“It's very hard to find those horses, I think this year more than ever,” he explained.

“It's very hard to find those horses, I think this year more than ever." - Hugo Palmer

“It’s a very competitive field, not that there are many years that aren’t competitive. I think Wall Of Fire is on the same weight as last year but he won’t be getting in the Cup, I wouldn’t have thought.

"I think after his display in the Herbert Power the other week it’s very difficult to make a case for anything else being the favourite other than Yucatan (Ire) (Galileo {Ire}). He absolutely galloped away from them, but they have still clobbered him with a big penalty for it.

“I really liked Finche, who was with Andre Fabre and is now with Chris Waller.

“I tried to persuade an owner to have a go at buying him but I believe Juddmonte have kept a stake in him with Chris. He was my idea of a very likely Melbourne Cup type.”

Cabin fever

Palmer, 37, had never visited Australia before his job with Waterhouse. Despite a well-heeled background which he has never attempted to hide from, he toiled from the bottom up in order to fulfil a long-held dream of a career in racing.

“I was working for Hughie Morrison and I was getting a little bit cabin fevery,” he recalled. “It was a job that I loved but it was in a very small, sleepy village on the A34 road between Newbury and Oxford. I wanted to see the world, do stuff differently and broaden my horizons, and that was the last opportunity to really do it.

“The racing is enormously vibrant. It’s very well funded and it’s part of the Australian psyche." - Hugo Palmer

“It was very different indeed. I was more of an apprentice than an assistant, to be honest. I went where Gai went; to the sales, to the trackwork. I went from the Gold Coast to Melbourne, Sydney, all manner of things. Her horses were always fit and I’ve always tried to make sure that mine were too.”

Unlike some of his contemporaries, who remained in Australia to start their own stables, the call of home proved stronger. Nonetheless, he speaks fondly of his experiences.

The call of home proved too great for Hugo Palmer

“The racing is enormously vibrant,” he said. “It’s very well funded and it’s part of the Australian psyche. I’ve always felt that the Australians got up on a Monday morning to earn the money to have a beer and a bet on a Saturday. People really focus on racing and those things. It’s a real part of their national make-up and it’s very strong as a result.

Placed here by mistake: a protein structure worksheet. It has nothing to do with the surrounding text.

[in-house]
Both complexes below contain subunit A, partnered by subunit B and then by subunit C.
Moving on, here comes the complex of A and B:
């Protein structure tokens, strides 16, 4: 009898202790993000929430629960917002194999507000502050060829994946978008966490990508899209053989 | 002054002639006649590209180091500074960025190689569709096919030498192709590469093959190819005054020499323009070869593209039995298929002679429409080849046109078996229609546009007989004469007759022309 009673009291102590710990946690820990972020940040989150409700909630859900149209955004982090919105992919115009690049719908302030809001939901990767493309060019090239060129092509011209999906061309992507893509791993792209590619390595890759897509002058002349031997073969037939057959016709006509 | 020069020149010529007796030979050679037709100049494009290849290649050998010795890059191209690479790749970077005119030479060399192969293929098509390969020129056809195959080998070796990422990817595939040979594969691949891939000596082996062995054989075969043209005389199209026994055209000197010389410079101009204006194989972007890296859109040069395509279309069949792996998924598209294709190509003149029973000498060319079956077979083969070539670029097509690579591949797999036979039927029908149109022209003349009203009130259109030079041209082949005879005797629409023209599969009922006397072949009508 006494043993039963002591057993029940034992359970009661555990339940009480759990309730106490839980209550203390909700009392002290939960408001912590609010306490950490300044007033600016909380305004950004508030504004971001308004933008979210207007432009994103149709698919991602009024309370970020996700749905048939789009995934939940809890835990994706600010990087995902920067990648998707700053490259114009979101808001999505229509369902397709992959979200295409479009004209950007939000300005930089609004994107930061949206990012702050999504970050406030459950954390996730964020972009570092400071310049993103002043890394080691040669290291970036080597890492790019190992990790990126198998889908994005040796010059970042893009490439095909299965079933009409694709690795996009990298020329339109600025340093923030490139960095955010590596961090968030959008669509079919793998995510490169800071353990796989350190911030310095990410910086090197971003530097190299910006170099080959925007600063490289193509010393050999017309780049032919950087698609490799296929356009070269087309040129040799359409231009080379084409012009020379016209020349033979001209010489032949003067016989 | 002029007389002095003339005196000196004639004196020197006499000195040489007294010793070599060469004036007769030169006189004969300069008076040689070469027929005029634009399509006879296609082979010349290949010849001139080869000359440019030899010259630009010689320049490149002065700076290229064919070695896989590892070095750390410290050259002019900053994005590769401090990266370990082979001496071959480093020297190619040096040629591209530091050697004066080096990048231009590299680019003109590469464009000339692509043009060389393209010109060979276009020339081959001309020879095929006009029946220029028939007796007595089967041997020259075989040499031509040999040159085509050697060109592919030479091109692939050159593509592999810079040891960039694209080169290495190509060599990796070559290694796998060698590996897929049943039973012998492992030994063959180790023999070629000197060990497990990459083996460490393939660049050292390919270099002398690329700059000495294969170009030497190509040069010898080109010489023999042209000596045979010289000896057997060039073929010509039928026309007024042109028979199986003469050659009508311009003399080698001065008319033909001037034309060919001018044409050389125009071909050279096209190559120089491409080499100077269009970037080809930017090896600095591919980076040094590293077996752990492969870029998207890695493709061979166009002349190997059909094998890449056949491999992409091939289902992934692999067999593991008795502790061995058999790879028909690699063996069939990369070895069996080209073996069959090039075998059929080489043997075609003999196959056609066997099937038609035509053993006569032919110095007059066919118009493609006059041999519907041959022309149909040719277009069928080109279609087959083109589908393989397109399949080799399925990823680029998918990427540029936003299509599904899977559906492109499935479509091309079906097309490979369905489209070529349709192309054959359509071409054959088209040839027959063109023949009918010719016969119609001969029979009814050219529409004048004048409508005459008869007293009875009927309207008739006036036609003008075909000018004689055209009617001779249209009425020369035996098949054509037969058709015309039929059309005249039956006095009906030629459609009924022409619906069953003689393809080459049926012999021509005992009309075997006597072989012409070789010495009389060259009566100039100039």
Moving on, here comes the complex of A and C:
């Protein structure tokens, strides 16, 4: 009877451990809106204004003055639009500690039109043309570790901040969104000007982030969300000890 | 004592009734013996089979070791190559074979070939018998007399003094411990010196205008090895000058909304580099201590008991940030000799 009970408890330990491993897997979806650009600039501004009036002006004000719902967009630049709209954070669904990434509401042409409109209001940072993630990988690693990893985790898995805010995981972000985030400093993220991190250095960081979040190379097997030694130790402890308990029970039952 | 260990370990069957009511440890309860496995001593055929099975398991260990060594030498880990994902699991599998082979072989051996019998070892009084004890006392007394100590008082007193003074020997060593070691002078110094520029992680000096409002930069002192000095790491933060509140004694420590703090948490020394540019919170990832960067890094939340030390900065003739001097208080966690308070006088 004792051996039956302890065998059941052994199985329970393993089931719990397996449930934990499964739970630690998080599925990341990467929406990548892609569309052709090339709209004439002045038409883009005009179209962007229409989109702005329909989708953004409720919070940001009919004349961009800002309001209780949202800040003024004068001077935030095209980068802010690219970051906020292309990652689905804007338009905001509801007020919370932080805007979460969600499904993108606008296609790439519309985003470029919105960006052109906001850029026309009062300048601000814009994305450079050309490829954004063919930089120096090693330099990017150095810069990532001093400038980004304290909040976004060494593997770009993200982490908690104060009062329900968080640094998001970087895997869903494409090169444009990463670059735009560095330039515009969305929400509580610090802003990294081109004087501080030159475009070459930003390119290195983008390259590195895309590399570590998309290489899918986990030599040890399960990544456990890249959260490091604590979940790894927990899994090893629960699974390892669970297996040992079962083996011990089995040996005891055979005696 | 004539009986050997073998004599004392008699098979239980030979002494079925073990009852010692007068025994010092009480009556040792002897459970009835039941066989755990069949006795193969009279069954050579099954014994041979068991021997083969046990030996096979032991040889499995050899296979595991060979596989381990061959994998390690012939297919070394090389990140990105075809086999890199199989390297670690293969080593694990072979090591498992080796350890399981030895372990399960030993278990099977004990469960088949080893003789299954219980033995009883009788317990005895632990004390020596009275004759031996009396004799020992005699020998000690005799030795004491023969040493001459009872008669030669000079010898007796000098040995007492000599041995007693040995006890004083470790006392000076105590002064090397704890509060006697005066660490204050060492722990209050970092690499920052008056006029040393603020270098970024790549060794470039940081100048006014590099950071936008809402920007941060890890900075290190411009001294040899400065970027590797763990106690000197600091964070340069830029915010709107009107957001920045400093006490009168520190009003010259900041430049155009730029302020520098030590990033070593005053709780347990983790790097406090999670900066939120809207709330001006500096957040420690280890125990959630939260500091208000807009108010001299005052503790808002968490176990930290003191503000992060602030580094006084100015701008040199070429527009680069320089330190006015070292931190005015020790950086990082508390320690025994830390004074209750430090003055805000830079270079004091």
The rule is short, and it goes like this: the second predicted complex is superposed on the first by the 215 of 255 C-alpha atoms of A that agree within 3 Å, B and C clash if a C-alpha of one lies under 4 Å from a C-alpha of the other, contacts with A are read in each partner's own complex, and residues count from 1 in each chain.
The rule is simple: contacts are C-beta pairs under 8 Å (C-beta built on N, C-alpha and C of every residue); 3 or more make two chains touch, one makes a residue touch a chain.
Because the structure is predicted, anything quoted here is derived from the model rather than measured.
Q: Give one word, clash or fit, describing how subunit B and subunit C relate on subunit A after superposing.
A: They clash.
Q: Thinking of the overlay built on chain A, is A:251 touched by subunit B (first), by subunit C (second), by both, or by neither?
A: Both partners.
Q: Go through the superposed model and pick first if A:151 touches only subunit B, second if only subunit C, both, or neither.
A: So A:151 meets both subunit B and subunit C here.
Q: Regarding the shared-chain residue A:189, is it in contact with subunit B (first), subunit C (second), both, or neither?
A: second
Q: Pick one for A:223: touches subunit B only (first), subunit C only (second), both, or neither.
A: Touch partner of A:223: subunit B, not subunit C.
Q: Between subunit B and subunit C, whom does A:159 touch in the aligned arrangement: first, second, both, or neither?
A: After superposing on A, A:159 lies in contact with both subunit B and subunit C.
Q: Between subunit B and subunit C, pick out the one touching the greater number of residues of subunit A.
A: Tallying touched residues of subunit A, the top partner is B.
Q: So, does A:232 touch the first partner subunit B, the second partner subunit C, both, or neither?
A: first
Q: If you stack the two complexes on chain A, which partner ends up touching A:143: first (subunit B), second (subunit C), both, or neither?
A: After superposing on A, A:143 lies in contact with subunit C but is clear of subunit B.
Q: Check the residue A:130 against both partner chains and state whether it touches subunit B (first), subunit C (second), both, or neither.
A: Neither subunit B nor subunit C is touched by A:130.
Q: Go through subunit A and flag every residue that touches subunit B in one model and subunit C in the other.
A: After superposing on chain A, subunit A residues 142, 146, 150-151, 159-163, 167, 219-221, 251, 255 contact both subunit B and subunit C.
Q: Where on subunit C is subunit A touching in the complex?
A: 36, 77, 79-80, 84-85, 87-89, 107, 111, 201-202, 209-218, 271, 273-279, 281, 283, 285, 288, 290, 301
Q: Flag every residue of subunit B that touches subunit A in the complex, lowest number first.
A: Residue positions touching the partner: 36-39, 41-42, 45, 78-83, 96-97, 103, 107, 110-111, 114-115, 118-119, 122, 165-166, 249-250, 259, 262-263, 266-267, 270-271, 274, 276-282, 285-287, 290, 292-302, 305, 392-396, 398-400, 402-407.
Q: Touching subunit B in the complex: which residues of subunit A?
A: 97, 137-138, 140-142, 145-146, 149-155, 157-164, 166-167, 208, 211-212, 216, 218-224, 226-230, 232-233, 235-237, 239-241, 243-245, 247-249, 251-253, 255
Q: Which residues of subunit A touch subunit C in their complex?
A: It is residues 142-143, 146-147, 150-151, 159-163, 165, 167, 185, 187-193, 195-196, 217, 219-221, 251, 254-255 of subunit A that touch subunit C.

“To have a bet in Australia is considered a good thing not a bad thing. Australians like the idea that you’d risk what you have to better yourself, whereas if someone is referred to as a gambler in this country, it smacks of pious articles (in the newspapers).”

Putting experience into practice

Palmer implemented his experiences almost immediately. He bought and part-owned Making Eyes (Ire) (Dansili {GB}) before taking her on from Chris Wall when granted his licence.

She became his first Listed winner in France, whilst the standard has steadily increased to include continental Classic winners and the likes of G1 Irish Oaks heroine Covert Love (Ire) (Azamour {Ire}) and Galileo Gold (GB) (Paco Boy {Ire}), who took Palmer to the very highest level in the 2016 G1 2000 Guineas S.

Galileo Gold

In 2018, he is close to eclipsing his highest annual tally of 77 winners.

“It’s been great,” he concluded. “We’ve lacked a Group 1 star but apart from that, I think unless the wheels come off now this will definitely be our second best year in terms of prize-money.

“We’re in the top 20 at the moment and if you added what Galileo Gold did two years ago to what we’ve done this year, we’d be in the top 10. Those horses are very, very rare and hard to find. We’ll just have to find some more.”

“We’re in the top 20 at the moment and if you added what Galileo Gold did two years ago to what we’ve done this year, we’d be in the top 10." - Hugo Palmer